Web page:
DIVE-INMutual skills' building in DIVErsity, INclusive pedagogies of trainers
Sustainable schools, are, or at least should be models of social inclusion and well-being. They promote community cohesion by providing an inclusive, welcoming atmosphere that values everyone’s participation and contributions -irrespective of background, culture, age, religion or ability- and by challenging prejudice and injustice in all its forms. Inclusion is therefore a prerequisite for the day to day operation of any sustainable education institution.
The ultimate vision of DIVE-IN is to achieve more inclusive, more respectful to one another communities, both inside and outside schools. To do this, the project aims to support educators, animators and trainers from four countries, from both the formal and the non-formal system in designing and applying inclusive education practices for diverse groups, with emphasis on disadvantaged marginalized learners (e.g. refugees & migrants, poor, girls, with special needs, etc.).
A non-profit Federation of 128 Mediterranean NGOs working in the fields of Environment and Development in 27 countries of the Euro-Mediterranean area. MEdIES Secretariat operates under MIO-ECSDE.
A national NGO assisting local communities in Jordan to ensure a proper social and economical progress, and ecological integrity in a democratic arena and with respect of human rights.
A national, private, non-profit NGO that empowers the communities in Lebanon to achieve self-sufficient independence via improved prospects.
A.M. Qattan Foundation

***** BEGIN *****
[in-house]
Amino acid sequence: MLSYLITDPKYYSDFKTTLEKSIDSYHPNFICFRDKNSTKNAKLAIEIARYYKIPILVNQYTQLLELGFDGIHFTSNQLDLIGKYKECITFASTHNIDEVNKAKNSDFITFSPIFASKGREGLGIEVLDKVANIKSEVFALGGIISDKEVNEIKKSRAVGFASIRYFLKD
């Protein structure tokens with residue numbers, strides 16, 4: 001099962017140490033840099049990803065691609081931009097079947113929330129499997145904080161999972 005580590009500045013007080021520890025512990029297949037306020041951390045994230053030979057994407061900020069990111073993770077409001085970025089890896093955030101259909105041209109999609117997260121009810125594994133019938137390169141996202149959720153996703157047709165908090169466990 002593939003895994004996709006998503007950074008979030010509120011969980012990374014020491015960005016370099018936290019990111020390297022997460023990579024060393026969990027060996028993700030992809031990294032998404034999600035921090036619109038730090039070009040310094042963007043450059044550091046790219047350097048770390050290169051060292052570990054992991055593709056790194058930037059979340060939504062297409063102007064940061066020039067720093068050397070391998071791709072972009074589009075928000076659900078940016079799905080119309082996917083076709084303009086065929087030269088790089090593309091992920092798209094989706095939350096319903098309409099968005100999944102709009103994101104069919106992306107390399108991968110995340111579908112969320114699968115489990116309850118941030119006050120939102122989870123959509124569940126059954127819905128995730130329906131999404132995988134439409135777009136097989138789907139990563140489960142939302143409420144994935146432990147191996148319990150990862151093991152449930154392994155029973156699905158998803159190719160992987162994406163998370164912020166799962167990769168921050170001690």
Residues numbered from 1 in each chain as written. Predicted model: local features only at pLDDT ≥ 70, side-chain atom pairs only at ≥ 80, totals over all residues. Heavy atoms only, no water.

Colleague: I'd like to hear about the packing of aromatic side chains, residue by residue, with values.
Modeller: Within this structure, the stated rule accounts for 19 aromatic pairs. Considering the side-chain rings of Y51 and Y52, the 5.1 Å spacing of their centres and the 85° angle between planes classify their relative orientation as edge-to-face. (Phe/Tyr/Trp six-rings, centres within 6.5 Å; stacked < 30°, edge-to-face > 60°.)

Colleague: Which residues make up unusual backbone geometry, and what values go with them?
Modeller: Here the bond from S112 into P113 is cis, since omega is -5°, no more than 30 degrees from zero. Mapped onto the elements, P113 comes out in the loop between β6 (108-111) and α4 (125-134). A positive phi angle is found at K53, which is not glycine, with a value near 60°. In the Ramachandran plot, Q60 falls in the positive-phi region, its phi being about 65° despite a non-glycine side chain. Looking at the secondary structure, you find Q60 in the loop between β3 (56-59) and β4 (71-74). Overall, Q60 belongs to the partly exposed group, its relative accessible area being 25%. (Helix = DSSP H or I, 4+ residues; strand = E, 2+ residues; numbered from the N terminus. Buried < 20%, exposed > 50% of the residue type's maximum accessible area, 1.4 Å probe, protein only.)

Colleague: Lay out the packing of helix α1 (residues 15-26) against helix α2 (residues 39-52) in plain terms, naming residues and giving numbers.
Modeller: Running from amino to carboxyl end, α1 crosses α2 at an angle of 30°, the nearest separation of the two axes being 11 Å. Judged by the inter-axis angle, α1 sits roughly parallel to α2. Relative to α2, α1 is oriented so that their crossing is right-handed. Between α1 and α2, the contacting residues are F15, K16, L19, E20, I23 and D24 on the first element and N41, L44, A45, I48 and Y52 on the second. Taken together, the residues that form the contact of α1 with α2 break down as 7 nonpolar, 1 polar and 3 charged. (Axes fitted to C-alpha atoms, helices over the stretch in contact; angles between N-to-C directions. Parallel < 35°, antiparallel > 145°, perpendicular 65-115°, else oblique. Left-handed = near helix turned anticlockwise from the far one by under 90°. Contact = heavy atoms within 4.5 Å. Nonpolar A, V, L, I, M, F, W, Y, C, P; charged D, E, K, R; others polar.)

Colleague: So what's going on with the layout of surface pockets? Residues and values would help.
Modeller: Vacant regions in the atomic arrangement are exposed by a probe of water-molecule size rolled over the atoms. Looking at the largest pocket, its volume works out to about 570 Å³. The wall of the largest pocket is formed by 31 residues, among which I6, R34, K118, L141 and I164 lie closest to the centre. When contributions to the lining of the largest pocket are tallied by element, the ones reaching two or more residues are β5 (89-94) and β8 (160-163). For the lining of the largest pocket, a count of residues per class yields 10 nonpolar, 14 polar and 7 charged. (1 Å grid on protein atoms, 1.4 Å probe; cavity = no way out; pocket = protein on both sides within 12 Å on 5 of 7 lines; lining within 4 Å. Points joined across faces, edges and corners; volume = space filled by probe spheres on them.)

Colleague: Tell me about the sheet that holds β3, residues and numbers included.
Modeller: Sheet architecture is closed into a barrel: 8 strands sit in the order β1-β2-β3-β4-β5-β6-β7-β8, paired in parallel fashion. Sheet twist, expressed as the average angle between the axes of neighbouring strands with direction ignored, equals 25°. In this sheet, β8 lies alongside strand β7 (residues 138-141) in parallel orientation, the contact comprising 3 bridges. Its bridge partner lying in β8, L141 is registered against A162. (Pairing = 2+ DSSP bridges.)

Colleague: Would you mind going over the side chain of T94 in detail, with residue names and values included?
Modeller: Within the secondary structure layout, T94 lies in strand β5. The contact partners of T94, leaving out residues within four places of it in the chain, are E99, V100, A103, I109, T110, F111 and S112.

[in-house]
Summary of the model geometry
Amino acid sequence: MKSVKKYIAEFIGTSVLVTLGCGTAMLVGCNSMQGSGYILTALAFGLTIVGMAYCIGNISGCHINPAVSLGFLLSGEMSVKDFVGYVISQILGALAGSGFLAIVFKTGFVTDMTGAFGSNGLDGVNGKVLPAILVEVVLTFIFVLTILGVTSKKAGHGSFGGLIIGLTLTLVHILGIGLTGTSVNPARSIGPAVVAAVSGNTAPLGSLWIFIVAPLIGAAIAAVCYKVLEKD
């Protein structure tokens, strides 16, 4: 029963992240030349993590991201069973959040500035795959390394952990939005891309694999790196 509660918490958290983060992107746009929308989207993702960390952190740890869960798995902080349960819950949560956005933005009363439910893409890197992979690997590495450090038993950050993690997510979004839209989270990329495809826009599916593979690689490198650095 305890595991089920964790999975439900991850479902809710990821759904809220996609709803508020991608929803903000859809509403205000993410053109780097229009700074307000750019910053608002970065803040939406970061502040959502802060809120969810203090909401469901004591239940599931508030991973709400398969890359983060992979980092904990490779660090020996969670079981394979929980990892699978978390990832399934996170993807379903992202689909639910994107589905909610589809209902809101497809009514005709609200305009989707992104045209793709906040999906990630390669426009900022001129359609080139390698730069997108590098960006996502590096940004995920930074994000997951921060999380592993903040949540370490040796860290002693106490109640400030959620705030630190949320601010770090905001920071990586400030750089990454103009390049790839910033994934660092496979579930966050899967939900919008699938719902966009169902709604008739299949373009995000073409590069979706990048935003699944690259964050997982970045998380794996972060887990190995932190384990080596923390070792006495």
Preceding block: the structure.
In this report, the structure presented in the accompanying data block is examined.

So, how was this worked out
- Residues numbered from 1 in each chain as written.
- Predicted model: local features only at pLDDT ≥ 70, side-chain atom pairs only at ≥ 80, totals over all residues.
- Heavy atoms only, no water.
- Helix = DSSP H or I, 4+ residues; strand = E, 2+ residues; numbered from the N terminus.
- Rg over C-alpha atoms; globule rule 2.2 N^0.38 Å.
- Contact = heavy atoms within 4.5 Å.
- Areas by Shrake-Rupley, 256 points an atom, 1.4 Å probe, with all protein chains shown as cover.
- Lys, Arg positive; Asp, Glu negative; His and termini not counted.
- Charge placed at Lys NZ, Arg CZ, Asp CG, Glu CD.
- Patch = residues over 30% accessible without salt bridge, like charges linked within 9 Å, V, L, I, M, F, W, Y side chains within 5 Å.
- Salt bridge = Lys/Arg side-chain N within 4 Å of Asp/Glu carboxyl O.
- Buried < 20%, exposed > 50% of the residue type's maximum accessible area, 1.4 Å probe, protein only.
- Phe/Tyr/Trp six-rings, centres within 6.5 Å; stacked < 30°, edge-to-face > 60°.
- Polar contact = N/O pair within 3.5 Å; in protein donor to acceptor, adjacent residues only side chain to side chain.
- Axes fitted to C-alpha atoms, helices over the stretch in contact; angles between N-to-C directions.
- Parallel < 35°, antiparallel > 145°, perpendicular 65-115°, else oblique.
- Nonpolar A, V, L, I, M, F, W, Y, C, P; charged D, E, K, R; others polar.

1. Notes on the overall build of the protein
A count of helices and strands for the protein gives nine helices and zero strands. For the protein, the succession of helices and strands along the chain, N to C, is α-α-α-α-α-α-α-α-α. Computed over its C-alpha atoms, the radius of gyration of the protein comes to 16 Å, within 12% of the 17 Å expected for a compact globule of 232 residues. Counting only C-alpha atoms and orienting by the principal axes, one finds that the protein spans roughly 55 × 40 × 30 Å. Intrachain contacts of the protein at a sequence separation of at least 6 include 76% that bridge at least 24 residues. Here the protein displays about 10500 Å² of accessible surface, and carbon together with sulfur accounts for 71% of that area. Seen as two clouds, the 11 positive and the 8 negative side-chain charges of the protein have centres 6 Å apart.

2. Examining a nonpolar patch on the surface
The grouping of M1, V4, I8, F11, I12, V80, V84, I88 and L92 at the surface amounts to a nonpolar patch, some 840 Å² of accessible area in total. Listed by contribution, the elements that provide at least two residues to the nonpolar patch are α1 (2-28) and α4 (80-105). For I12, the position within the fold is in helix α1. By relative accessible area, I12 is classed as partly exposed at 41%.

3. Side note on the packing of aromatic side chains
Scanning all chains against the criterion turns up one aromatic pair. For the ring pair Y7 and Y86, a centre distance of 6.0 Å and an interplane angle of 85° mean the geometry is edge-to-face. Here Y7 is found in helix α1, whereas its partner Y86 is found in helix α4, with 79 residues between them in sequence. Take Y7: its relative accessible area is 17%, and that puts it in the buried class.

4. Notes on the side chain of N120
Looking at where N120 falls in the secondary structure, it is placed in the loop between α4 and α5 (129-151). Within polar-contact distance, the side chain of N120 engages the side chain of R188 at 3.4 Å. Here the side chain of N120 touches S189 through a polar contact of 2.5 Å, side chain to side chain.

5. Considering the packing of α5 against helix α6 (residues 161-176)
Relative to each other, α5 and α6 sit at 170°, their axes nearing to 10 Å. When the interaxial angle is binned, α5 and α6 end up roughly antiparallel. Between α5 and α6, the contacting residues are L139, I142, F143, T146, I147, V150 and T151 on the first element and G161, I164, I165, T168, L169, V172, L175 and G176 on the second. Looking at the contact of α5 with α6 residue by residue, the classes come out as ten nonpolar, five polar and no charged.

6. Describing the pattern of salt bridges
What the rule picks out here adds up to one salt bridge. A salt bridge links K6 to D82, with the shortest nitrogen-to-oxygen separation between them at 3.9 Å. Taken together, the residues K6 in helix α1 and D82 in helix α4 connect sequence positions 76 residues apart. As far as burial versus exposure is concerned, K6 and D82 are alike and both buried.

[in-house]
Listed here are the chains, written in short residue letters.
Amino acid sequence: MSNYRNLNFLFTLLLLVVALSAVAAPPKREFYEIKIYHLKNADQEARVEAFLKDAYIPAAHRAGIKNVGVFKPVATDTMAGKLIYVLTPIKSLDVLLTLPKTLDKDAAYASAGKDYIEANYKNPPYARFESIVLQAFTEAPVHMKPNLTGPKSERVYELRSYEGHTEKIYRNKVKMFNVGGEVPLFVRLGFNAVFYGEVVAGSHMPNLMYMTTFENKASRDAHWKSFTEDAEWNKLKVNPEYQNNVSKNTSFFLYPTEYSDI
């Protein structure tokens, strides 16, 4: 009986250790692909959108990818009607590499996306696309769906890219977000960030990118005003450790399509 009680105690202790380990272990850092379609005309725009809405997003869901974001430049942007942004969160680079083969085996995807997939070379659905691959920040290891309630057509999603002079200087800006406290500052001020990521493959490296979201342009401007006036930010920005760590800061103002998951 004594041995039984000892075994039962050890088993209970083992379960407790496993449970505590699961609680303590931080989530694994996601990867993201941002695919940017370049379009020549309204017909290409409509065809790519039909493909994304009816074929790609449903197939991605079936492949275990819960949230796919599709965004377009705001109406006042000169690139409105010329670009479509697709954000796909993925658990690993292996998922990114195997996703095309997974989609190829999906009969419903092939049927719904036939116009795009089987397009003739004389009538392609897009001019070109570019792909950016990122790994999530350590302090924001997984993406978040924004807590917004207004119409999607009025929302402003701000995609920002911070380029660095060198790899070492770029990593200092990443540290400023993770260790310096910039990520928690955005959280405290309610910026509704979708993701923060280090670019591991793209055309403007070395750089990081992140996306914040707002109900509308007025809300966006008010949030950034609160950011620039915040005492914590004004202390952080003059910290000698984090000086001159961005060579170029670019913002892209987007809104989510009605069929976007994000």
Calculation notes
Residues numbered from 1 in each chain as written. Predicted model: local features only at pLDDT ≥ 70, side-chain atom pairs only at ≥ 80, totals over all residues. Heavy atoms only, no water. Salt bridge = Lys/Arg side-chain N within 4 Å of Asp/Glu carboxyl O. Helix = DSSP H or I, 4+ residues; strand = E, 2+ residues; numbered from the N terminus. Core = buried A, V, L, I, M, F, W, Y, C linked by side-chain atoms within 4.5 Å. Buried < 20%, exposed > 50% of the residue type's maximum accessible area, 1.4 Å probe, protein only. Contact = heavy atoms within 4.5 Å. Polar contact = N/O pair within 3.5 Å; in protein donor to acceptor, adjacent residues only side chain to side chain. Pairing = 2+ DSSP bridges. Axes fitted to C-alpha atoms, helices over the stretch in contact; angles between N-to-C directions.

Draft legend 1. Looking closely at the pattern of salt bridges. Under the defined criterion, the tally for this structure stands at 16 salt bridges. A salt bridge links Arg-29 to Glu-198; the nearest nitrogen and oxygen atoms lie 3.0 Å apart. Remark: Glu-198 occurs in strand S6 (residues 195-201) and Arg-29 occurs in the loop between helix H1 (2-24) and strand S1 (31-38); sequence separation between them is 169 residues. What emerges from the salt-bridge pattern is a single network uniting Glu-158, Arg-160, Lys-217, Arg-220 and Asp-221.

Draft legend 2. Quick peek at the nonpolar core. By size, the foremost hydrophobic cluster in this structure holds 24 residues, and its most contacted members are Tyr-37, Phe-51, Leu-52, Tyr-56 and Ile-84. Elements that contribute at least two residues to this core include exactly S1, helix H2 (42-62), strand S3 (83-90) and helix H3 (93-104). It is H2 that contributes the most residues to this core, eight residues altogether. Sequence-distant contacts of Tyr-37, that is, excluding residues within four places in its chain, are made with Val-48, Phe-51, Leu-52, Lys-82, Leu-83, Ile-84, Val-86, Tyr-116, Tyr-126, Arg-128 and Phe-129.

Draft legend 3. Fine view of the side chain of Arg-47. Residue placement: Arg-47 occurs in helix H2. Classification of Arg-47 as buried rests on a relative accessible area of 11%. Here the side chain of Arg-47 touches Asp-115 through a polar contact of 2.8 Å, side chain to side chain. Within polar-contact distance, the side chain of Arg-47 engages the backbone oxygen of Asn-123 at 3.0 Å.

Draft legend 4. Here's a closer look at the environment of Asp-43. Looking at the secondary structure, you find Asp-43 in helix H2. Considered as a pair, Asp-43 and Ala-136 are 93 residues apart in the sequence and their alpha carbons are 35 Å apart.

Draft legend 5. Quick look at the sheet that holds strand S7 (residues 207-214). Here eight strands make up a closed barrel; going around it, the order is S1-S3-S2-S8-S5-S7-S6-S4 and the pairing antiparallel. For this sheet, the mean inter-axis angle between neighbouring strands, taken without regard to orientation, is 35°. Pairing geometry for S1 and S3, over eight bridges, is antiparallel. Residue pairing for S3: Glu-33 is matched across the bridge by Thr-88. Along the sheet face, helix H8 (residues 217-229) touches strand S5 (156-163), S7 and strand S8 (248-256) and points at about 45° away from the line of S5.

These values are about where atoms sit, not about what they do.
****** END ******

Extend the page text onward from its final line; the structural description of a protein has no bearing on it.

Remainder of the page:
An independent, non-profit organisation working in the fields of culture and education, with a particular focus on children, teachers and young artists.
The needs and the conditions in each country were different, and so were the activities undertaken. For example, in Greece a drama scenario was developed and applied in 3 primary schools of central Athens; in Palestine a 3-day long workshop for teachers was held using arts, in Jordan the activities took the form of an inclusive sports event, while in Lebanon it was decided to undertake handcrafts making workshops for refugee and poor mothers.
The overall time-plan of the activities undertaken:
Jan-Feb 2019: Identification of partners, after an open call by the leader.
March-April 2019: Needs Analysis and focus groups in all countries to discuss the needs of our targeted groups. In each country the Partner proposed their needs-based plan of activities.
May 2019: A partners meeting combined with a 2,5 day peer learning seminar took place in Athens.
June-July 2019: Literature compilation and preparation for the national activities in all countries.
Oct-Nov 2019: Implementation period: piloting of the designed interventions in all the countries. Evaluation.
Dec 2019: Finilisation of the material based on the evaluation of the interventions. Authoring of the guidebook. Closing, reporting.
a guidebook of guidebooks
The activities held and the country results are briefly presented below.
A more detailed presentation of the activities held and the lessons learned in each country can be found in the guidebook that resulted from the project. This guidebook also incorporates a compilation of more than 40 free online resources dealing with pedagogies for Inclusion, Diversity, and Education for Sustainable Development.